• Financial statements. The Commission expects companies’ financial reporting and control systems to be designed to provide reasonable assurance that information about the range and magnitude of the financial impacts of a cybersecurity incident would be incorporated into the financial statements on a timely basis as the information becomes available.
  • Risk factors. The Commission acknowledges in the 2018 Guidance that following the issuance of the 2011 guidance, many companies have disclosed cybersecurity risk factors. However, the 2018 Guidance encourages companies, in drafting such risk factors, to consider: (i) the occurrence of prior cybersecurity incidents; (ii) the probability and potential magnitude of cybersecurity incidents; (iii) the adequacy and limitations of mitigation efforts; (iv) business and industry specific cybersecurity risks; (v) costs associated with cybersecurity protections; (vi) potential for reputational harm; (vii) the effect of current or pending cyber-related legislation; and (viii) other costs associated with cybersecurity incidents. Prior material company incidents should almost always be addressed in the risk factors, and incidents involving suppliers, customers, competitors and others may be relevant and should be considered.

What to do next? One of the key takeaways from the 2018 Guidance is that companies should be thinking about cyber-related disclosure more broadly. While a risk factor on cybersecurity matters may have been adequate in 2012, it may not be perceived as adequate in 2018 or 2019. Companies should consider having counsel with cybersecurity disclosure expertise review their disclosures, including, but not limited to, MD&A.

3. Companies should remember their broader disclosure obligations under Regulation FD. The 2018 Guidance also reminds companies that in addition to the information expressly required by Commission regulation, a company is required to disclose “such further material information, if any, as may be necessary to make the required statements, in light of the circumstances under which they are made, not misleading.”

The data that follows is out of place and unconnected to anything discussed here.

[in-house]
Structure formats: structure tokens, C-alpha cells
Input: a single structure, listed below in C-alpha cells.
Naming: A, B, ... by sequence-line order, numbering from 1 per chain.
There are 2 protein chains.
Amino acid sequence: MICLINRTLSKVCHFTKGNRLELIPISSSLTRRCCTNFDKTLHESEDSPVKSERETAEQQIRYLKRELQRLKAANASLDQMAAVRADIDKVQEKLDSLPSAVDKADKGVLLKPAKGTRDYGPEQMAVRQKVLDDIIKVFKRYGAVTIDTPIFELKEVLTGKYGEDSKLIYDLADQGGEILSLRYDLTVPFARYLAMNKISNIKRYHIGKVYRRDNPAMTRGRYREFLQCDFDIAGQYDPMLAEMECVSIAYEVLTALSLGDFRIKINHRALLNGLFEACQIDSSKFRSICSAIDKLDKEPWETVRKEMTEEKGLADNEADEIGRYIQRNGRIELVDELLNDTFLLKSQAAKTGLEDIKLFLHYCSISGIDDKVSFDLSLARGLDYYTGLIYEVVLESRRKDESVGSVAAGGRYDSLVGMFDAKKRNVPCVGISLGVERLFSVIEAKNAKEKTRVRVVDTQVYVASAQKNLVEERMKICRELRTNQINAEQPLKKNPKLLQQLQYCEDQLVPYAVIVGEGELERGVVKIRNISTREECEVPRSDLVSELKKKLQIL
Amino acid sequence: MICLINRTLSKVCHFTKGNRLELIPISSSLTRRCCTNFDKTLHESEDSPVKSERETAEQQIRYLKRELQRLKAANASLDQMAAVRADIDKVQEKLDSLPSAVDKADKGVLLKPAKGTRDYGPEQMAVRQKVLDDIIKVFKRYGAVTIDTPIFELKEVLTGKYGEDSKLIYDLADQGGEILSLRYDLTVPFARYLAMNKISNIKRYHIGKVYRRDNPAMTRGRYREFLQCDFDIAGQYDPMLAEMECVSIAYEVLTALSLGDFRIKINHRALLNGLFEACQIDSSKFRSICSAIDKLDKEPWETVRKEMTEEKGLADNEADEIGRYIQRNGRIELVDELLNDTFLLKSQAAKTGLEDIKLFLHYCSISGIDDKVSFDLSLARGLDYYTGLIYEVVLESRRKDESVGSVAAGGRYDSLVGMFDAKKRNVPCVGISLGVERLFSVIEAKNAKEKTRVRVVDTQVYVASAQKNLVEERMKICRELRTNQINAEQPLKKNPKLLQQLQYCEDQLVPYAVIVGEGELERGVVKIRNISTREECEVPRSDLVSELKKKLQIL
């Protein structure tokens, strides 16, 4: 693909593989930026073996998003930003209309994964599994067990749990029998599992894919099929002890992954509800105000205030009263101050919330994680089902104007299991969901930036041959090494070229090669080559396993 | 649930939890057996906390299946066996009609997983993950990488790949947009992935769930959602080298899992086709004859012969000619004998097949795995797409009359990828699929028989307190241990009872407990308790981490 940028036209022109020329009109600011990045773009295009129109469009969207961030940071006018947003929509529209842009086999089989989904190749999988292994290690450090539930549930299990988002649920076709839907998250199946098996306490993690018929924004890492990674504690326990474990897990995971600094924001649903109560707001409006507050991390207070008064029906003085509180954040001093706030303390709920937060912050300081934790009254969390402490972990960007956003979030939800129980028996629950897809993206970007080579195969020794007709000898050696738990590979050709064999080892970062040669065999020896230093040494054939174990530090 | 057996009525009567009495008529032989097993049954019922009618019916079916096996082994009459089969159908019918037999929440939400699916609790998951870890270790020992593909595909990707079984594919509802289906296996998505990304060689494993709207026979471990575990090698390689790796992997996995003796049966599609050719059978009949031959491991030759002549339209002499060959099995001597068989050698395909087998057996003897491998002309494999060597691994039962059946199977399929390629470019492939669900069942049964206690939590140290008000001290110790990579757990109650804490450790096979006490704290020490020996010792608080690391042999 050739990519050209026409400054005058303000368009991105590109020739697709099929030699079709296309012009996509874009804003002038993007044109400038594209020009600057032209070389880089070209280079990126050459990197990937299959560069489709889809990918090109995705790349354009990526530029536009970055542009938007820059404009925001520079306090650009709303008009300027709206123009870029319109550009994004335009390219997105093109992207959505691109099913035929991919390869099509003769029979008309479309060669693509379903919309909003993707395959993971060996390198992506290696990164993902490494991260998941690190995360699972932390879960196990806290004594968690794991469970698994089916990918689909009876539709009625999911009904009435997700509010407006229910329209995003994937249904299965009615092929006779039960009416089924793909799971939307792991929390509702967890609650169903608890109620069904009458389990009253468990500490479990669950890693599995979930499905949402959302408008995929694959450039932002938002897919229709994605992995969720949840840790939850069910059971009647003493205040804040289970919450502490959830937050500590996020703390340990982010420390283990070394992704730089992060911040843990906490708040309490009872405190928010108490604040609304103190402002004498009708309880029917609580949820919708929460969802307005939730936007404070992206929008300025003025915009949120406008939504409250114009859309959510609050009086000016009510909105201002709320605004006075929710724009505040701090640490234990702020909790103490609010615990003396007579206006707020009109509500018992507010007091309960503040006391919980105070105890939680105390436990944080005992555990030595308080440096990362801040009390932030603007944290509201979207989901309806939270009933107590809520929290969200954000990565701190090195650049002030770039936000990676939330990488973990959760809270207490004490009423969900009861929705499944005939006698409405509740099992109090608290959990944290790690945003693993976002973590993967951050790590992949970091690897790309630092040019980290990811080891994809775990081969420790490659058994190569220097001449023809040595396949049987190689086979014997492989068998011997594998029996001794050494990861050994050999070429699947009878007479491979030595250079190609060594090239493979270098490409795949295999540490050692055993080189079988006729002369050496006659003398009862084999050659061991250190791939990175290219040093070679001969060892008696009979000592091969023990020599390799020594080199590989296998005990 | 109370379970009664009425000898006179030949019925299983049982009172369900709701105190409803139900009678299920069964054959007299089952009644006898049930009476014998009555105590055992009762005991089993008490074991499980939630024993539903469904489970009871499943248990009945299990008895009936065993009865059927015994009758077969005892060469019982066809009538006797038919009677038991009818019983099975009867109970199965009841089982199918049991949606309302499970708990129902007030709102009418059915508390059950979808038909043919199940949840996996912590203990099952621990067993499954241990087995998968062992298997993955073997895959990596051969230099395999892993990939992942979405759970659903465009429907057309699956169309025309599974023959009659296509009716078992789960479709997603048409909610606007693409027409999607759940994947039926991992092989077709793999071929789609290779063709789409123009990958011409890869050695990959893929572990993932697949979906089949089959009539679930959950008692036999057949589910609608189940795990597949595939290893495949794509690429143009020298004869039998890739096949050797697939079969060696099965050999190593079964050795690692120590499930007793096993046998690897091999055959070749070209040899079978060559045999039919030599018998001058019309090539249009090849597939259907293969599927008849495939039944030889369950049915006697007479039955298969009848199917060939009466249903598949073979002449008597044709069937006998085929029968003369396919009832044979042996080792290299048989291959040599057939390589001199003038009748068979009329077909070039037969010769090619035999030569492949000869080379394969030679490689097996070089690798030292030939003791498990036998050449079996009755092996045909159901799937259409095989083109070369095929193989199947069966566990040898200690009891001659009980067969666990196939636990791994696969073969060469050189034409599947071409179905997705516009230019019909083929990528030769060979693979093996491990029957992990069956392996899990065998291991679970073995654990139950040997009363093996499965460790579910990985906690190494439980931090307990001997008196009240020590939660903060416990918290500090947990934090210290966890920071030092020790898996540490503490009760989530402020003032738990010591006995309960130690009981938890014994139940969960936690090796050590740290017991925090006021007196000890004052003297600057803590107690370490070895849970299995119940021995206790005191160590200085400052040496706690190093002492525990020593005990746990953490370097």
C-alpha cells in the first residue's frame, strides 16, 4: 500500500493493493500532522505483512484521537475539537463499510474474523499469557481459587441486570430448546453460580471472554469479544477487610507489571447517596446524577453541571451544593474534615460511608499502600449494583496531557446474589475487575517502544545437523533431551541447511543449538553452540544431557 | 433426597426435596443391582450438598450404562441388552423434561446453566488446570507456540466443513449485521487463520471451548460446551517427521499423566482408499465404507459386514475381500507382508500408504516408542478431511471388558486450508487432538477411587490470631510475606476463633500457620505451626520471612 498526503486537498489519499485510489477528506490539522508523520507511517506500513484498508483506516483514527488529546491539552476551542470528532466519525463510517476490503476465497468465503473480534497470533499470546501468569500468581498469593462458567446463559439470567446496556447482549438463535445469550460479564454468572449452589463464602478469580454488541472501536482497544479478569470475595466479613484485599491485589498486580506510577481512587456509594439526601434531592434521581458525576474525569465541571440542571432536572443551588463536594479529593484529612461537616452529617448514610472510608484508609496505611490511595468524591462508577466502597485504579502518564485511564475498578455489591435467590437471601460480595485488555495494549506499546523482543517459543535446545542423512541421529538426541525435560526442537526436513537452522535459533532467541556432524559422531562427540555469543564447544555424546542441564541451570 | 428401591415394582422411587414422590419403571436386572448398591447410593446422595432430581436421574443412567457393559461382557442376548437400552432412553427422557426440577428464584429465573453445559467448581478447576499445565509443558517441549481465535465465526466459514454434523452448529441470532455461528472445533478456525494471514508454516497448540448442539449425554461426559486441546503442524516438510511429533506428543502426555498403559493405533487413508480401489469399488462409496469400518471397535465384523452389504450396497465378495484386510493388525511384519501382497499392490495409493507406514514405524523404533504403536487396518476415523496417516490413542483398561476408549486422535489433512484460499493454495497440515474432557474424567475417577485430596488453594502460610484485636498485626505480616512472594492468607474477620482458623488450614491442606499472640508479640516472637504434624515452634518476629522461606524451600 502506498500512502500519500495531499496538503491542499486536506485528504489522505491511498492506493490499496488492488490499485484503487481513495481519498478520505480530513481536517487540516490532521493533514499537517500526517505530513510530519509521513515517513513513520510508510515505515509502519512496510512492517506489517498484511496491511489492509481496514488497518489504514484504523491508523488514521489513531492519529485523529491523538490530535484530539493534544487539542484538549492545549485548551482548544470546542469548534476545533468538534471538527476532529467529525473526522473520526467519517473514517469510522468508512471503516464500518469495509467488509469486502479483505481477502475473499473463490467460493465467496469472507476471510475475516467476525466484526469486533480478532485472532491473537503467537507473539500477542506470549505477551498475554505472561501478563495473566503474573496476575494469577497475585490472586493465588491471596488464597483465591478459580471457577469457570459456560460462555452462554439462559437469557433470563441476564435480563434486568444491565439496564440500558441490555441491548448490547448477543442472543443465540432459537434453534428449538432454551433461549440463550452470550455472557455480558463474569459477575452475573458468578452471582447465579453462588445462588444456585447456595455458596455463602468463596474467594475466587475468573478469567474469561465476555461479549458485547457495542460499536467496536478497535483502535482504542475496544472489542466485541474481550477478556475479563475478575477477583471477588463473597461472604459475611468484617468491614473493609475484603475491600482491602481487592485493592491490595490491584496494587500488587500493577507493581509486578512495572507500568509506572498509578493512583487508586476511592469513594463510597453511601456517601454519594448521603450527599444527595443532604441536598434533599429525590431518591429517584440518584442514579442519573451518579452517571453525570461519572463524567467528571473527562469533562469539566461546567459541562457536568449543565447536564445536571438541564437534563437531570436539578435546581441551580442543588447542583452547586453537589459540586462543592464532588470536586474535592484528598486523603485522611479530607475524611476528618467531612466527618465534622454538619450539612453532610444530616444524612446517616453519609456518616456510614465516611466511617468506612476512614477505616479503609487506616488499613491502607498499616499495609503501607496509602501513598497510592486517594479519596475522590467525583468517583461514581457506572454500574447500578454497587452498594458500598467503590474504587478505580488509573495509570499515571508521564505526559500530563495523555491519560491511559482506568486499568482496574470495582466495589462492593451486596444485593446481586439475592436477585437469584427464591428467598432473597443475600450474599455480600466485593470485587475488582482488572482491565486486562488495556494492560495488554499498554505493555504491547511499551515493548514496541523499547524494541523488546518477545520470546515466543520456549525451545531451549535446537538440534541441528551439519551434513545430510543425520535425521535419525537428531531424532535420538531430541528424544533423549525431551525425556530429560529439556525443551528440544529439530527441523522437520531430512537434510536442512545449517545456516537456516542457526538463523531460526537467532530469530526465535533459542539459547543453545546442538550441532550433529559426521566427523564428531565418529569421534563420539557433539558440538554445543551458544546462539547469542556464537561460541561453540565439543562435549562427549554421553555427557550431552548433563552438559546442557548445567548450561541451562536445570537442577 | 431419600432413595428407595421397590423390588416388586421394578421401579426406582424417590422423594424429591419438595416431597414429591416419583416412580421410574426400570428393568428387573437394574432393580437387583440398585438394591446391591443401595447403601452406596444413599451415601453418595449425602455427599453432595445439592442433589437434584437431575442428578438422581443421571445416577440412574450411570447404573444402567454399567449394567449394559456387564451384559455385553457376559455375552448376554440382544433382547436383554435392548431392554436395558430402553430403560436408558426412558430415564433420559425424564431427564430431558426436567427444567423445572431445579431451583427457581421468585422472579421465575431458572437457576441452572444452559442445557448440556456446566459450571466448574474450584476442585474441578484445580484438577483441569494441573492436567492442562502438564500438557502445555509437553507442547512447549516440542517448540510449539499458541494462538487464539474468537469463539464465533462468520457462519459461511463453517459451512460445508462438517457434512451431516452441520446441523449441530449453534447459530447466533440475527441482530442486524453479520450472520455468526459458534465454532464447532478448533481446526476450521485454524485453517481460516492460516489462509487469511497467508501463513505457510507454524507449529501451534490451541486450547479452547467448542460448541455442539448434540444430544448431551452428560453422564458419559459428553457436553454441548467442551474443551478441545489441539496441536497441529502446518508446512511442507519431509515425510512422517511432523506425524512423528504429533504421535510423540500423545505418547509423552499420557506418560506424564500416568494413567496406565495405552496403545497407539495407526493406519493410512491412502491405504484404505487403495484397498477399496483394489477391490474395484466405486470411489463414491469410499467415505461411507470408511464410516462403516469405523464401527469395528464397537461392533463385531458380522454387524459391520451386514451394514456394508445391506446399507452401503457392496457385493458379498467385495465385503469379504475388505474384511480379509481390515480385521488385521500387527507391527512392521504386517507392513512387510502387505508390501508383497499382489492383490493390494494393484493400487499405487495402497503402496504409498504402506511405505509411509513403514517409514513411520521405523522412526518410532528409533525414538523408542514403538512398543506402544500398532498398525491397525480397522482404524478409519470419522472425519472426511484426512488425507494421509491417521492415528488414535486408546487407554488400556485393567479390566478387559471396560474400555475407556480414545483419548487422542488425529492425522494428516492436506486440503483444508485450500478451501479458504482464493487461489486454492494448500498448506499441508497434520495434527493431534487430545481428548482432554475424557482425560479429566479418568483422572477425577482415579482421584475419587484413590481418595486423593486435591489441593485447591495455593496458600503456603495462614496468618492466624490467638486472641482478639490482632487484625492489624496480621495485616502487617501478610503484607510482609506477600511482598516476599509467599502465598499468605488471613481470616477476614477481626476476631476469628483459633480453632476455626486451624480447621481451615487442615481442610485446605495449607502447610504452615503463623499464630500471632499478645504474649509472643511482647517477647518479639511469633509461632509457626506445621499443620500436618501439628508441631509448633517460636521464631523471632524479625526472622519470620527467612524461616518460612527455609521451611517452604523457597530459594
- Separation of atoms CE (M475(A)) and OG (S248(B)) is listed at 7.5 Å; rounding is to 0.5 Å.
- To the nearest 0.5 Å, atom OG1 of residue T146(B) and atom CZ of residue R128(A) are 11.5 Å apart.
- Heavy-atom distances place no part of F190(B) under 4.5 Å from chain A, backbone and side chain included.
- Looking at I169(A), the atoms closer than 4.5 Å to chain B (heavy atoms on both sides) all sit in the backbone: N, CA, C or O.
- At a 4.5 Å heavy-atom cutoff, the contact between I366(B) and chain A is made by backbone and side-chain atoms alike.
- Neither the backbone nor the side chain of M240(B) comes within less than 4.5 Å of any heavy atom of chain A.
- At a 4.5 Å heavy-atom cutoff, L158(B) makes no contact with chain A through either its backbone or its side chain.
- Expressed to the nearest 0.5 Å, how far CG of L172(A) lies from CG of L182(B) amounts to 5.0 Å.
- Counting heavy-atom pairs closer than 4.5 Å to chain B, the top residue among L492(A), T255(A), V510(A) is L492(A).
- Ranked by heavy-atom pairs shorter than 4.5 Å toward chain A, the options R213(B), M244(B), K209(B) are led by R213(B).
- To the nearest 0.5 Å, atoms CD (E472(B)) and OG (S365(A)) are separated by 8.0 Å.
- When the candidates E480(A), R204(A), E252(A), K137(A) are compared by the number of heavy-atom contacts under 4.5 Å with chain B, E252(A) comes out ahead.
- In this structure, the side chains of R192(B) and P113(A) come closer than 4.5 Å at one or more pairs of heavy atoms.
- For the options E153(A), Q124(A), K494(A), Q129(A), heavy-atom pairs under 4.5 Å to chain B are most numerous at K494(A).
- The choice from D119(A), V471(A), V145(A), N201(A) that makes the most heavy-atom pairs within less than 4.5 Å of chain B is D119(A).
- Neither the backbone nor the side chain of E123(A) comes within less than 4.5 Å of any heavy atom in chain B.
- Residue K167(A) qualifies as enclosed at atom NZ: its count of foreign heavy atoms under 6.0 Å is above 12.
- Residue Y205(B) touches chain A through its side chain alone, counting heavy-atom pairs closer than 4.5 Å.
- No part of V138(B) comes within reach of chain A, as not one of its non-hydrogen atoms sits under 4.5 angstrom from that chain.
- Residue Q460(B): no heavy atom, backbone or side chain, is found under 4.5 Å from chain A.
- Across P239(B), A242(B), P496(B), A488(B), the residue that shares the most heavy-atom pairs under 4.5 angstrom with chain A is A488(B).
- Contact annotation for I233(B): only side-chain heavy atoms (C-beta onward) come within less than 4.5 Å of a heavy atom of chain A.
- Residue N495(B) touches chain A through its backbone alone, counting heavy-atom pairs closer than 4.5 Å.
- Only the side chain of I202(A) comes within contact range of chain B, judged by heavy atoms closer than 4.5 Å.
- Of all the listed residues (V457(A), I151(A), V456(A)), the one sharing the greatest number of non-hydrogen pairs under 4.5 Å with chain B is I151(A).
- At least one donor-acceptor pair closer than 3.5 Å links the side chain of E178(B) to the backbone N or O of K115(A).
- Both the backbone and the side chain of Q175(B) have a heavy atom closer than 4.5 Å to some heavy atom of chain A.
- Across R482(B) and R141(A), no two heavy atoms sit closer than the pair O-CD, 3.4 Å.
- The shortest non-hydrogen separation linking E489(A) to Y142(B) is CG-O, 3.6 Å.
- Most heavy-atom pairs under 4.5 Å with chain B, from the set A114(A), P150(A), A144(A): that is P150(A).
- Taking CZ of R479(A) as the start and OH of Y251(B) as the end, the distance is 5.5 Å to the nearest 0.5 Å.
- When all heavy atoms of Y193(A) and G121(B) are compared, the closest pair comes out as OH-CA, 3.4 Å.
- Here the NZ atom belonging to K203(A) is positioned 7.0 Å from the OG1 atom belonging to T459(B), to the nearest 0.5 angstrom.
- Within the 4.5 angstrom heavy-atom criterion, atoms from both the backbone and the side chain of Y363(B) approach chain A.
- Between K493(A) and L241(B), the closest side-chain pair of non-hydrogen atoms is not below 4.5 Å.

• In order to maintain the accuracy and completeness of registration statements, companies should consider using current reports on Forms 8-K to disclose relevant material cybersecurity matters.
  • The Commission does state that companies should not feel pressured to make detailed disclosures that could compromise cybersecurity efforts, but the Commission expects companies to timely disclose cybersecurity risks and incidents that are material to investors, including the associated financial, legal and reputational consequences.
  • The Commission warns that a lengthy internal or external investigation alone will not be an adequate basis for avoiding disclosure.

What to do next? The response plans and protocols companies adopt for cybersecurity incidents and other crises should address SEC reporting obligations, and the individuals charged with oversight of cybersecurity matters should understand their responsibilities to report matters timely to the persons responsible for approving SEC filings.

4. Companies should review their insider trading policies and codes of ethics.

  • The 2018 Guidance encourages companies to consider how information regarding cybersecurity risks and incidents may be material nonpublic information.
  • Directors, officers and other corporate insiders would violate antifraud provisions if they trade the company’s securities in breach of their duty of trust or confidence while in possession of such material nonpublic information.

What to do next? Companies should consider how their codes of ethics and insider trading policies are implicated by cybersecurity risks and incidents, and should include in their incident response plans the ability to halt trading by insiders in the event of an incident.

Visit our website to learn more about V&E’s Corporate Governance & Board Representation and Cybersecurity & Data Privacy practices. For more information, please contact Vinson & Elkins lawyers David Oelman, Robert Kimball, Gillian Hobson, Devika Kornbacher, or Sarah Fortt.

This information is provided by Vinson & Elkins LLP for educational and informational purposes only and is not intended, nor should it be construed, as legal advice.